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TRAPPIST-1 Is Only 40 Light Years Away! Wait. What?

Exactly how far away is this system? asks Joelle Renstrom. How long would it take to get there? Pictured: This artist's conception shows what the TRAPPIST-1 planetary system may look like, based on available data about their diameters, masses and distances from the host star. (NASA/JPL-Caltech)MoreCloseclosemore
Exactly how far away is this system? asks Joelle Renstrom. How long would it take to get there? Pictured: This artist's conception shows what the TRAPPIST-1 planetary system may look like, based on available data about their diameters, masses and distances from the host star. (NASA/JPL-Caltech)

TRAPPIST recently found a solar system with seven planets, three of which are potentially habitable. We know the galaxy teems with exoplanets — we’ve discovered over 3,400 of them so far — but one reason for the excitement around this discovery is the proximity of this system: It’s only 40 light years away.

Only 40 light years.

Exactly how far away is this system? How long would it take to get there?

A light year is a measurement of distance based on the speed of light. Light travels at 186,282 miles per second. By my calculations, that’s 670,615,200 miles per hour, 16,094,764,800 miles per day, and 5,874,589,152,000 miles per year. Thus, the TRAPPIST-1 star system is roughly 235 trillion miles away.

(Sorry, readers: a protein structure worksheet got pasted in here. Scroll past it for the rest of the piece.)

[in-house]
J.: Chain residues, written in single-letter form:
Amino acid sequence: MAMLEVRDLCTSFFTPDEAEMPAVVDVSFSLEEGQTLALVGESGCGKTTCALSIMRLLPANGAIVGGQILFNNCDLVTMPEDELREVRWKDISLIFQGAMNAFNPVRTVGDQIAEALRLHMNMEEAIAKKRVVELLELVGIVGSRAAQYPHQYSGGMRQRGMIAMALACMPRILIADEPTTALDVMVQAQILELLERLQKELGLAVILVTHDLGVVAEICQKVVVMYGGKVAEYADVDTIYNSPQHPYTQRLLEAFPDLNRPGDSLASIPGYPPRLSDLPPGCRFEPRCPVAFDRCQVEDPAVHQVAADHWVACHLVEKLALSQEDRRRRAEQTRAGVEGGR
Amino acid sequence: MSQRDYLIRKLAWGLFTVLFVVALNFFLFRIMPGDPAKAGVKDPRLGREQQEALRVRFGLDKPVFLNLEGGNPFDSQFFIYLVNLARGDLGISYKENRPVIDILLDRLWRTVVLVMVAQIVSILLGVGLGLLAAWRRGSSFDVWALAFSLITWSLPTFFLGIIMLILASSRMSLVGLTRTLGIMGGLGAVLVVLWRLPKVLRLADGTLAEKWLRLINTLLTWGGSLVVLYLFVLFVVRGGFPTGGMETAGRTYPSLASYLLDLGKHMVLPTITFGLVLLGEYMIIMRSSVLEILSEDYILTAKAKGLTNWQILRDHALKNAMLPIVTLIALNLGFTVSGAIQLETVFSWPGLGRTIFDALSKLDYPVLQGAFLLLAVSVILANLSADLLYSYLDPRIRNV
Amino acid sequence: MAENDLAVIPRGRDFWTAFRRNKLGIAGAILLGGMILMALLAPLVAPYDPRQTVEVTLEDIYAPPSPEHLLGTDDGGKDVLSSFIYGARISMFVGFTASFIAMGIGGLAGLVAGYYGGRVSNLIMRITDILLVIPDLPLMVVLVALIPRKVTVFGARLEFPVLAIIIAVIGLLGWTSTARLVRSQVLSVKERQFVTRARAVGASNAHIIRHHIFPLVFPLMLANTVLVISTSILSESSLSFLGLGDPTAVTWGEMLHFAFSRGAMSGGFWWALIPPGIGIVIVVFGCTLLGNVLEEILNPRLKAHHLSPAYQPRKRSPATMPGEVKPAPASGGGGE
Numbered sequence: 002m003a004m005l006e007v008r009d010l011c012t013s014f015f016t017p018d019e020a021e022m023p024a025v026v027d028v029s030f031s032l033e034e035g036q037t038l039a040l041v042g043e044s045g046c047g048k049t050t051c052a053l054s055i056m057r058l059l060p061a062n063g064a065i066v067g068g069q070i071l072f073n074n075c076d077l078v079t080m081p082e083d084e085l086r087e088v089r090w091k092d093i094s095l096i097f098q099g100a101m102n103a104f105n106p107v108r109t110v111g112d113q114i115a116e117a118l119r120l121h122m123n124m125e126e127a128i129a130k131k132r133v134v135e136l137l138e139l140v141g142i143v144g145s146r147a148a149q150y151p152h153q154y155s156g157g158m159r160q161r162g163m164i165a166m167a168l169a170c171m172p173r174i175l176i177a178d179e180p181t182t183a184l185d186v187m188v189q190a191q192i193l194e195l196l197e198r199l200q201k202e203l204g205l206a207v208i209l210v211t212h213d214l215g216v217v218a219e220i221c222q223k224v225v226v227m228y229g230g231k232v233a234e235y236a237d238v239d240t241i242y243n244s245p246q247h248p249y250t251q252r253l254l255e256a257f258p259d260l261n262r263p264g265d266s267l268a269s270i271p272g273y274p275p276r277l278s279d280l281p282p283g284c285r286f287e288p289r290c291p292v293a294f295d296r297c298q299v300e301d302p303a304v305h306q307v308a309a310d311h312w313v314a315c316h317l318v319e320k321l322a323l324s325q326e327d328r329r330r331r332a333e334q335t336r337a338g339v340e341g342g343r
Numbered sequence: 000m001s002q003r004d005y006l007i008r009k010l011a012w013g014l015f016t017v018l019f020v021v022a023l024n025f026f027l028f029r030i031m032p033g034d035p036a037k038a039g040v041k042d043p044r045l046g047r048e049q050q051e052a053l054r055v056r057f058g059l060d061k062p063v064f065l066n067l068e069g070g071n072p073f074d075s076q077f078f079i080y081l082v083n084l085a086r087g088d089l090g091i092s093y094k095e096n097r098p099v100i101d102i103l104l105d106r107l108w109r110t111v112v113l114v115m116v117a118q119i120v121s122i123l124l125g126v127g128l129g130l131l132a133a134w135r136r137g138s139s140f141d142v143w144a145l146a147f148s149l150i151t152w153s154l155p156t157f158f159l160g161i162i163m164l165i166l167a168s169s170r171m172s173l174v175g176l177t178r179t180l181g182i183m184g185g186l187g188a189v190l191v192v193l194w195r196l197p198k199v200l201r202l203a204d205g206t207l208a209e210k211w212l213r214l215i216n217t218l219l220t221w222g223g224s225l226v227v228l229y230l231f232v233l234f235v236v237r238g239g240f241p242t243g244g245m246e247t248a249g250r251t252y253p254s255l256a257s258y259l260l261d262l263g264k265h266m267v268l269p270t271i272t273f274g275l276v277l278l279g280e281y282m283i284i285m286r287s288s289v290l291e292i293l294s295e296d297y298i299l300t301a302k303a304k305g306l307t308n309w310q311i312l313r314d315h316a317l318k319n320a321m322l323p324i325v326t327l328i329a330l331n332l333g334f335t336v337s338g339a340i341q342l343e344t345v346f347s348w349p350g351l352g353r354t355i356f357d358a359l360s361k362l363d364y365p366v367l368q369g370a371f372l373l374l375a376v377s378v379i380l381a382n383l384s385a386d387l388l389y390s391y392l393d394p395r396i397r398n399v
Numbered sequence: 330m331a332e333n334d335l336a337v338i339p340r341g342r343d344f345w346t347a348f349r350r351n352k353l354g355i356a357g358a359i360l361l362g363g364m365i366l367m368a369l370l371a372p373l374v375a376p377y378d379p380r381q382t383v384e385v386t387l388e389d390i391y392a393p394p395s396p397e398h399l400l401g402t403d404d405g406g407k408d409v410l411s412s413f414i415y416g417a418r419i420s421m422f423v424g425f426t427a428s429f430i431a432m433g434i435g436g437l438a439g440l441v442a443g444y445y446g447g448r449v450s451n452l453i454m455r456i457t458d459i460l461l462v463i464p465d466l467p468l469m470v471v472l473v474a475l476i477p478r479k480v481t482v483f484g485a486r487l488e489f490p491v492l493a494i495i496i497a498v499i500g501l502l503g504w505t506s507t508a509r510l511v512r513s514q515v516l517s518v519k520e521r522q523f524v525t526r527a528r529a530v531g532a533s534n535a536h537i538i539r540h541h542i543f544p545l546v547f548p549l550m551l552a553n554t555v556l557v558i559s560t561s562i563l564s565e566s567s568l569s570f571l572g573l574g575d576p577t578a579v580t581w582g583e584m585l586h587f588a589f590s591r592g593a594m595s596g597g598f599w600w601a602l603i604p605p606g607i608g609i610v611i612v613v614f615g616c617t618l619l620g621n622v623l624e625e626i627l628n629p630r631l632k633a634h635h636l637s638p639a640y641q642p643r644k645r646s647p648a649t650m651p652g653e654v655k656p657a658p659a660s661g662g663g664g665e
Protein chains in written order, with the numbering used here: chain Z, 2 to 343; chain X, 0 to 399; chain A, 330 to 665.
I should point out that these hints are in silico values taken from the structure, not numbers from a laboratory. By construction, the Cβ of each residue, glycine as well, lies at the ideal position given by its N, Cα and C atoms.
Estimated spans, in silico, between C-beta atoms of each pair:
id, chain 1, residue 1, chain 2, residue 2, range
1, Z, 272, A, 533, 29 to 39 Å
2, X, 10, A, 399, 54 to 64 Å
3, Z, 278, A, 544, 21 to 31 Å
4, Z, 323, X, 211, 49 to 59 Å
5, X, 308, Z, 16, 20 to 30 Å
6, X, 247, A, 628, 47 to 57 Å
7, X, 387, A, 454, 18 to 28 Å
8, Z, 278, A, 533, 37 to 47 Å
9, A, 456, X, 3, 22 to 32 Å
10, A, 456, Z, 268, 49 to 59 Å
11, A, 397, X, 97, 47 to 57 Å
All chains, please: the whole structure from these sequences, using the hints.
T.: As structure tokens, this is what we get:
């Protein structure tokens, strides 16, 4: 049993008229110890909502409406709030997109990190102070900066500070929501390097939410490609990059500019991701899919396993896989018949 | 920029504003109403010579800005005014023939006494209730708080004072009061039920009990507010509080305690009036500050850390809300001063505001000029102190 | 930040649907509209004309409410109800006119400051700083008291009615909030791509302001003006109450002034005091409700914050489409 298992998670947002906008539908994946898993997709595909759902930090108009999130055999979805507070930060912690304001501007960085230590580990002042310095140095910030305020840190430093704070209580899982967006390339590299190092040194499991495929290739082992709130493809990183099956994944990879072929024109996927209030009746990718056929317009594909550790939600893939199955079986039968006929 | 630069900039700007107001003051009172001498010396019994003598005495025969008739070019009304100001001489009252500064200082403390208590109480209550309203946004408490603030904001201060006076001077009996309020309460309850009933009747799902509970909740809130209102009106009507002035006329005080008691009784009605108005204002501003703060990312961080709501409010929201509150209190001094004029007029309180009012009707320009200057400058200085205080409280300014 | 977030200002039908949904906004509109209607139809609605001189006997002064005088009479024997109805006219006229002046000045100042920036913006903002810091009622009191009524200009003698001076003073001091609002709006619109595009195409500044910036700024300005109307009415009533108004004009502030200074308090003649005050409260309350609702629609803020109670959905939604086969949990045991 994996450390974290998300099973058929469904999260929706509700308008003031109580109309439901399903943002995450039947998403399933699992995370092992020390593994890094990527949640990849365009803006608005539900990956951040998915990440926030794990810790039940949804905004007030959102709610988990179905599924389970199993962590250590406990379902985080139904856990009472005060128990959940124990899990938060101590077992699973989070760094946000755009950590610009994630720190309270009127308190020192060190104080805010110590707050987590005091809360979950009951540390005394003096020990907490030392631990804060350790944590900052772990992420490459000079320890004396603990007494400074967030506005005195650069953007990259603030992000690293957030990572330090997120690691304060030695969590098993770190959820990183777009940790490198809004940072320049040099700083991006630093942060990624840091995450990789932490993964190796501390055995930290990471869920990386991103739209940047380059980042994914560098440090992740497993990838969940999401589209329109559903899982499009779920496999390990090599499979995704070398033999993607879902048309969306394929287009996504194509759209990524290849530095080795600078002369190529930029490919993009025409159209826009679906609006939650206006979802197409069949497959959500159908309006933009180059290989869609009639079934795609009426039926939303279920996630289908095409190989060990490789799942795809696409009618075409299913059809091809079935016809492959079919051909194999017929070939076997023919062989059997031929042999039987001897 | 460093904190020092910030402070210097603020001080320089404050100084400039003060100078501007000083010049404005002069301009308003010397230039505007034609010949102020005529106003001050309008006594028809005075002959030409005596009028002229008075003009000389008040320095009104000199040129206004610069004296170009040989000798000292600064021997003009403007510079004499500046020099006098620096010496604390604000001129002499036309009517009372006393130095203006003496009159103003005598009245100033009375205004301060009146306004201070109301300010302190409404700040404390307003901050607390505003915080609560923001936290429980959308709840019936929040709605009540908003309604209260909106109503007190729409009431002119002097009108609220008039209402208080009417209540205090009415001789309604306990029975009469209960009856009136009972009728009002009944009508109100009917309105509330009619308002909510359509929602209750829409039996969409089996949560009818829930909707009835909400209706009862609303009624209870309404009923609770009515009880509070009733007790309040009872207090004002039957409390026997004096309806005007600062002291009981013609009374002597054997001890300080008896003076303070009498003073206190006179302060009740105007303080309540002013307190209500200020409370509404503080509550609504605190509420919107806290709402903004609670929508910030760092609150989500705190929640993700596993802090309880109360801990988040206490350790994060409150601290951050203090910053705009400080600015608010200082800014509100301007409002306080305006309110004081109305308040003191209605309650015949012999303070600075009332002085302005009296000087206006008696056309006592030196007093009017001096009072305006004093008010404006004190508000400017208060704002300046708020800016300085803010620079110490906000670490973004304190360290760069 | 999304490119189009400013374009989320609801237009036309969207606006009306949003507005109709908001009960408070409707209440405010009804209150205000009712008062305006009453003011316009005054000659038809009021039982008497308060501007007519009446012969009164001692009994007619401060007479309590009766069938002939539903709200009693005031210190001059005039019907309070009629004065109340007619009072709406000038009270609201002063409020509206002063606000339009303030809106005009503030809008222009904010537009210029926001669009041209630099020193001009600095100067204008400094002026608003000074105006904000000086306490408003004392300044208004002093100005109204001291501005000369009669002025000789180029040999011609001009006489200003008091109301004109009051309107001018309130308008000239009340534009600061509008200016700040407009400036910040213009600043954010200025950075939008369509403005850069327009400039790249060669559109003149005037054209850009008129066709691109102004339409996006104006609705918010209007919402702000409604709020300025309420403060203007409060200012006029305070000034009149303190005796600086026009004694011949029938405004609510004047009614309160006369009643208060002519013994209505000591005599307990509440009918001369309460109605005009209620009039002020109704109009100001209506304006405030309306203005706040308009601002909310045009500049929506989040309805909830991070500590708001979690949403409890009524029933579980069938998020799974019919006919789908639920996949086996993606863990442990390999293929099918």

Traveling at the speed of light, it would take approximately 40 years to reach TRAPPIST-1...which, in cosmic terms, is a neighborly jaunt.

To put that distance in perspective, the moon is 239,900 miles away; at their closest, Mars is 33.9 million miles away and Pluto is 2.66 billion miles away; the next closest star system, Alpha Centauri, is approximately 25 trillion miles (4.3 light years) away.

But the distance is only half of the equation. The other part is how quickly a spacecraft can travel. Traveling at the speed of light, it would take approximately 40 years to reach TRAPPIST-1 (not taking relativity into account for simplicity’s sake), which, in cosmic terms, is a neighborly jaunt.

The problem is that we can’t travel anywhere near the speed of light. Most scientists believe that one-tenth the speed of light is when relativity becomes a factor, and thus may represent the upper limit, but even that may be optimistic.

Most passenger planes top out at approximately 500 mph. The fastest aircraft, the X-15 plane designed by NASA and the U.S. Air Force, hit 4,520 miles per hour. NASA’s space shuttles reached 18,000 mph. At that speed, it would take approximately 165,000 years to arrive at Alpha Centauri and approximately 1,491,280 years to reach the TRAPPIST-1 system.

An artist's rendering of the surface of the exoplanet TRAPPIST-1f, located in the TRAPPIST-1 system in the constellation Aquarius. (Courtesy NASA/JPL-Caltech/T. Pyle (IPAC))
An artist's rendering of the surface of the exoplanet TRAPPIST-1f, located in the TRAPPIST-1 system in the constellation Aquarius. (Courtesy NASA/JPL-Caltech/T. Pyle (IPAC))

If this were Star Wars, Chewbacca would set the coordinates, and we’d initiate the hyperdrive. If this were Babylon 5, we’d identify the jump gate nearest to this system and get there via hyperspace. If this were Battlestar Galactica, we’d spool up the FTL (faster than light) drive and jump.